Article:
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What does COVID-19 mean for type 1 diabetes?

Wednesday September 23rd 2020

The pandemic has led to new patients with type 1 diabetes presenting with increasingly severe symptoms, a European conference will hear today.

The effects of the COVID-19 epidemic on people with type 1 diabetes are being examined at a meeting of the European Association for the Study of Diabetes.

Professor Catarina Limbert, at the University Centre of Central Lisbon, Portugal, and colleagues looked at aspects of the epidemic of specific importance to type 1 diabetes.

Her team found that type 1 diabetes is a risk factor for severe SARS-CoV2 infection, but only among older people. Children, adolescents and young adults with type 1 diabetes are not at a raised risk.

The team also found that SARS-CoV2 infection can contribute to the new onset of type 1 diabetes.

Findings are presented online today (23 September). Professor Limbert said: “The COVID-19 crisis has increased the severity at onset of type 1 diabetes with a doubling of people being admitted with diabetic ketoacidosis during the lockdown."

Diabetes care management has changed due to the epidemic, she adds. "The COVID-19 crisis was the booster shot to put telemedicine into practice," she said.

“During the lockdown period, health care delivery had to adapt and make a sudden transition to remote care. The use of remote health care promoted autonomy of both young people and their parents in interpreting the data and making decisions."

Also presented at the online meeting today is a study on type 1 diabetes by Dr Federico Boscari and colleagues at the University of Padova, Italy.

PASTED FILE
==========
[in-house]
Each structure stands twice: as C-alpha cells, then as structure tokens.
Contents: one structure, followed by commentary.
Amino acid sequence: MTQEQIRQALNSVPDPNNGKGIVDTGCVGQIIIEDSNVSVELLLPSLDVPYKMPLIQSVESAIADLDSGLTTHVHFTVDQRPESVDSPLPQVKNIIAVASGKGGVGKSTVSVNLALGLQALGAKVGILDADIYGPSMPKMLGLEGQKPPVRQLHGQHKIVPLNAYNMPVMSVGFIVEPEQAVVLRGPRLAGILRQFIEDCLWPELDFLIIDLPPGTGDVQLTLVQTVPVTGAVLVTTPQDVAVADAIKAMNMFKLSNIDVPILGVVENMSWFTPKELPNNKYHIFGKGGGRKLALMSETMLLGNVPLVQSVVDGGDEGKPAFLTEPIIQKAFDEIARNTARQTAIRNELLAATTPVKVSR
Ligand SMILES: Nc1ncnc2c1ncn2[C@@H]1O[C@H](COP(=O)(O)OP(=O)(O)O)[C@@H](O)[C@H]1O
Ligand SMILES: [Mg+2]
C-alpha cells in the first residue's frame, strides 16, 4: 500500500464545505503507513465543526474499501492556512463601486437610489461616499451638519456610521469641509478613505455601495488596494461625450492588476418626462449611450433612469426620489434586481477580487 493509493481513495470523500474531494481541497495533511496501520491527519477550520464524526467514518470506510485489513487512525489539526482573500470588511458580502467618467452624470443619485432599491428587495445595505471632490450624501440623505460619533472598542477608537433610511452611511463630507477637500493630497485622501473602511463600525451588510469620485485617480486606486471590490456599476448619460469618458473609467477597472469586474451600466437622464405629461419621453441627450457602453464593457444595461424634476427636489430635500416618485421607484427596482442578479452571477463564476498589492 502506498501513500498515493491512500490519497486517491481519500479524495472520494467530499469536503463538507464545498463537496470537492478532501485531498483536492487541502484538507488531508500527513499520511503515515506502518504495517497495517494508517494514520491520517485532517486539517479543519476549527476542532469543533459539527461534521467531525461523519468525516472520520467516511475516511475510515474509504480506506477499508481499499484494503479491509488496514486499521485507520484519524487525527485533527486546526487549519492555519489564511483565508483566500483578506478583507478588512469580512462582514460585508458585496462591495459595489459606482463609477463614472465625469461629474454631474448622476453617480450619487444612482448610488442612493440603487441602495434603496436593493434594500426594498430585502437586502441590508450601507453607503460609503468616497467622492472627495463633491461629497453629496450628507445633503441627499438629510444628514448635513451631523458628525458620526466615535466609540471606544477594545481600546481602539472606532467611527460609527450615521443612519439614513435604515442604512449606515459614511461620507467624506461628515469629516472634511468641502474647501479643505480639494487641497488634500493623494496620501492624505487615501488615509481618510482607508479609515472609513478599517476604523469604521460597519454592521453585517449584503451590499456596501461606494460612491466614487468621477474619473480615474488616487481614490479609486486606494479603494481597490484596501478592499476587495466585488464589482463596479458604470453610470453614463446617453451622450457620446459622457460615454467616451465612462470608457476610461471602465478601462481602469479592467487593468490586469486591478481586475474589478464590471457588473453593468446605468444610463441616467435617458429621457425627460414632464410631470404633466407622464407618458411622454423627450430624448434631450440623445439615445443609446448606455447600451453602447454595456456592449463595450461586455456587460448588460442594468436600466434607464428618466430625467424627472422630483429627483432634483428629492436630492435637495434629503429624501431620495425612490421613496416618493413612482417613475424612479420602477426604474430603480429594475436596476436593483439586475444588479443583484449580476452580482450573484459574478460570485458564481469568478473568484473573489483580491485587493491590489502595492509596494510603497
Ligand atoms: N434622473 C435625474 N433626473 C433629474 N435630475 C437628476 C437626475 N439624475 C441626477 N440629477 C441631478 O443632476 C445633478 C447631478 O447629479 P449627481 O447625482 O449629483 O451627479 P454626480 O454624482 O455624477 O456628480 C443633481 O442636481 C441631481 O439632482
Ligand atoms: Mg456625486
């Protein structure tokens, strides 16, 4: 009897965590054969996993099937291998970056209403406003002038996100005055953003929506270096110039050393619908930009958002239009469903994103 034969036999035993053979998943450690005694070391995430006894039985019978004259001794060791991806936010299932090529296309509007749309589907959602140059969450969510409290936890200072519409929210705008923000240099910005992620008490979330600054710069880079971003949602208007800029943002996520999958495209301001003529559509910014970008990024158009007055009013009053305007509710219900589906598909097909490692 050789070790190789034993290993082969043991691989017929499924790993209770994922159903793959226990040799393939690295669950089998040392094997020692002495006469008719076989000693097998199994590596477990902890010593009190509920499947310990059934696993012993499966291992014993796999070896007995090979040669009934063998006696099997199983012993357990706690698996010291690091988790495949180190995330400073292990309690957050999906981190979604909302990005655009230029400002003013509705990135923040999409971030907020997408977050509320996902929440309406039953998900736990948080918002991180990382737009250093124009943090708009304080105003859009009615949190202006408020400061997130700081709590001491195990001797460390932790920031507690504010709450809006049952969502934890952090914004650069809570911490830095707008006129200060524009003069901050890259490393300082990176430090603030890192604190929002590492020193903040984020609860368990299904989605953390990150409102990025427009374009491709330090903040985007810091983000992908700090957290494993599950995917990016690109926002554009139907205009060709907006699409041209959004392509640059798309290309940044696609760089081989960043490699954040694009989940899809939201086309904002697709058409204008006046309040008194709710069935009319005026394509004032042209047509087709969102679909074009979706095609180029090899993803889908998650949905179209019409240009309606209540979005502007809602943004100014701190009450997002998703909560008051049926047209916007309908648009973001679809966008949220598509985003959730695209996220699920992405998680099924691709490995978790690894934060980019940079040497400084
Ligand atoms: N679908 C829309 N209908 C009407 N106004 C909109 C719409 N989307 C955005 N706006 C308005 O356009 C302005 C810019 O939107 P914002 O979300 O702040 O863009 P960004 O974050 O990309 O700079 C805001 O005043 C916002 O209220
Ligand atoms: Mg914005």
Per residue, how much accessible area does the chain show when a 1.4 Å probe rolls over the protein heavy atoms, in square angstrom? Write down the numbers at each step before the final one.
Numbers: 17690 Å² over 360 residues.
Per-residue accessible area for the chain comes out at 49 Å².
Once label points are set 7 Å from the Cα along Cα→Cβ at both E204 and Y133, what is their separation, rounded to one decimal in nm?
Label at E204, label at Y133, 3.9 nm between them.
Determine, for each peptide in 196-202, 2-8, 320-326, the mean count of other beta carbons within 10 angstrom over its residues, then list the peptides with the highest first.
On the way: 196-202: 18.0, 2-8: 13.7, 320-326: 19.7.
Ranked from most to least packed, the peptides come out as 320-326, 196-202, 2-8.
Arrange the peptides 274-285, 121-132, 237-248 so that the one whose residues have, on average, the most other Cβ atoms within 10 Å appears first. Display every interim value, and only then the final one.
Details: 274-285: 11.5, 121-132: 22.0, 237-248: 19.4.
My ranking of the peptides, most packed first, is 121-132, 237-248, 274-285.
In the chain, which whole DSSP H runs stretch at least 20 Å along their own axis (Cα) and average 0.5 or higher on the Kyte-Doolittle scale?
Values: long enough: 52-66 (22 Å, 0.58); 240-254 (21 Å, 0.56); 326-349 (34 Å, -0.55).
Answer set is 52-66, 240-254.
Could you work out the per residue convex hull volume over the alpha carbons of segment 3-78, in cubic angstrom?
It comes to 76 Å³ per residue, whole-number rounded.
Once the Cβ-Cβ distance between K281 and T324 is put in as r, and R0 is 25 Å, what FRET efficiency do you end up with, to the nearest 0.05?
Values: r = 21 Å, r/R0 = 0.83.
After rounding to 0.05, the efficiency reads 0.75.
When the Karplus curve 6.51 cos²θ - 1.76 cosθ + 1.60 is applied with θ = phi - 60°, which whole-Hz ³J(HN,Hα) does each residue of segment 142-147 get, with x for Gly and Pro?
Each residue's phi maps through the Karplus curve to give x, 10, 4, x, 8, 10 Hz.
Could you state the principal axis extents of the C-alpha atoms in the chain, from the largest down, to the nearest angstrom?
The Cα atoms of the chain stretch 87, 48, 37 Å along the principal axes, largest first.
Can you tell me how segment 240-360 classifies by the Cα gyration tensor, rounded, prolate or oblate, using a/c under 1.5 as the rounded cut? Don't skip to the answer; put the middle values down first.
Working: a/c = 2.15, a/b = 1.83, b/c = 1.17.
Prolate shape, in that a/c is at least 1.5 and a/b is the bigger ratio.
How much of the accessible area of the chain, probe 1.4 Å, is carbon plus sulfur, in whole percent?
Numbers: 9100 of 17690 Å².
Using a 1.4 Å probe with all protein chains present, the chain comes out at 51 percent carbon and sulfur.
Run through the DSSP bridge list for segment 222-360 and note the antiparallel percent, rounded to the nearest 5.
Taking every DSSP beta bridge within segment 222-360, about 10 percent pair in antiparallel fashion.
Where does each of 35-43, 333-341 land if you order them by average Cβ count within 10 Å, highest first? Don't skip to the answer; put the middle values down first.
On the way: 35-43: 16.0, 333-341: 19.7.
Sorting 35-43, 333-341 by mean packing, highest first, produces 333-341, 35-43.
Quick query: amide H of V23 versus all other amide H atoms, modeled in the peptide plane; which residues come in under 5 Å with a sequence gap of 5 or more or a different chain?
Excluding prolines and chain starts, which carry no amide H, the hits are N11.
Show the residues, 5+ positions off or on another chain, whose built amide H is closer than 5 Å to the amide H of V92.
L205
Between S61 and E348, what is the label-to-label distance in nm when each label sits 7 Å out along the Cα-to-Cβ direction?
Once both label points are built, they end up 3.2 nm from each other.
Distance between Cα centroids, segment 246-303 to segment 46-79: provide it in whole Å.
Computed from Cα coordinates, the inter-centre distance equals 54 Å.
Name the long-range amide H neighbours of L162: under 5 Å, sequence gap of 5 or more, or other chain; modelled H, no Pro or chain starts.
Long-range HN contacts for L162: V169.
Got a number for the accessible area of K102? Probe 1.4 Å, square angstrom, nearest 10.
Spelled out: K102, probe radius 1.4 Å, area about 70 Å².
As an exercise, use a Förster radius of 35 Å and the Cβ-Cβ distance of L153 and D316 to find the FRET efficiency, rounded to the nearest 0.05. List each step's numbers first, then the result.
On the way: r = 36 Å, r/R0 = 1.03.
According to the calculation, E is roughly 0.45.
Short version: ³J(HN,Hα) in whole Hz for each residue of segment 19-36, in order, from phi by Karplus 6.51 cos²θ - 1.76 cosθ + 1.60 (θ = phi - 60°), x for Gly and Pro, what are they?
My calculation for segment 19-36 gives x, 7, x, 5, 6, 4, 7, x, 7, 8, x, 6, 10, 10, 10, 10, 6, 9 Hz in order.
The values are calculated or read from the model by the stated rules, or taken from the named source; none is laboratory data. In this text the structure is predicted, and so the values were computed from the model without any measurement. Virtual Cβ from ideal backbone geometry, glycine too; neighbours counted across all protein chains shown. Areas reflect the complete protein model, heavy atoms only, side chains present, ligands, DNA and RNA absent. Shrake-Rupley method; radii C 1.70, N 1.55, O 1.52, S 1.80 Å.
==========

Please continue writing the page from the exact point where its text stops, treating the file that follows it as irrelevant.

They looked at blood sugar level control in patients who stopped working during lockdown, and found an improvement, “despite reduced opportunities for exercise and heightened psychological stress”.

The team used information from 33 people with flash glucose monitoring devices, which send real-time blood glucose levels to the clinic.

Among the patients who stopped working, “overall glycaemic control improved during the first seven days of lockdown as compared to the weeks before,” say the researchers.

They suggest that patients had more time to focus on diabetes control and a more regular lifestyle, including the timing and composition of meals.

Findings presented at the European Association for the Study of Diabetes (EASD) annual meeting, held online.

* A second study at another European conference links low levels of zinc to increased risk of death among those infected with the virus.

Spanish researchers reported their findings to the special conference of the European Society of Clinical Microbiology and Infectious diseases on coronavirus diseases.

Researchers studied some 249 patients in Barcelona, of whom 21 lost their lives.

Researcher Dr Roberto Güerri-Fernández, from Hospital Del Mar, Barcelona, said: "Lower zinc levels at admission correlate with higher inflammation in the course of infection and poorer outcome. Plasma zinc levels at admission are associated with mortality in COVID-19 in our study. Further studies are needed to assess the therapeutic impact of this association."

Abstract: https://drive.google.com/file/d/1zKpMr2UeBlSELTkVyNtUAHhCAnlD4JTs/view

Tags: Diabetes | Diet & Food | Europe | Flu & Viruses

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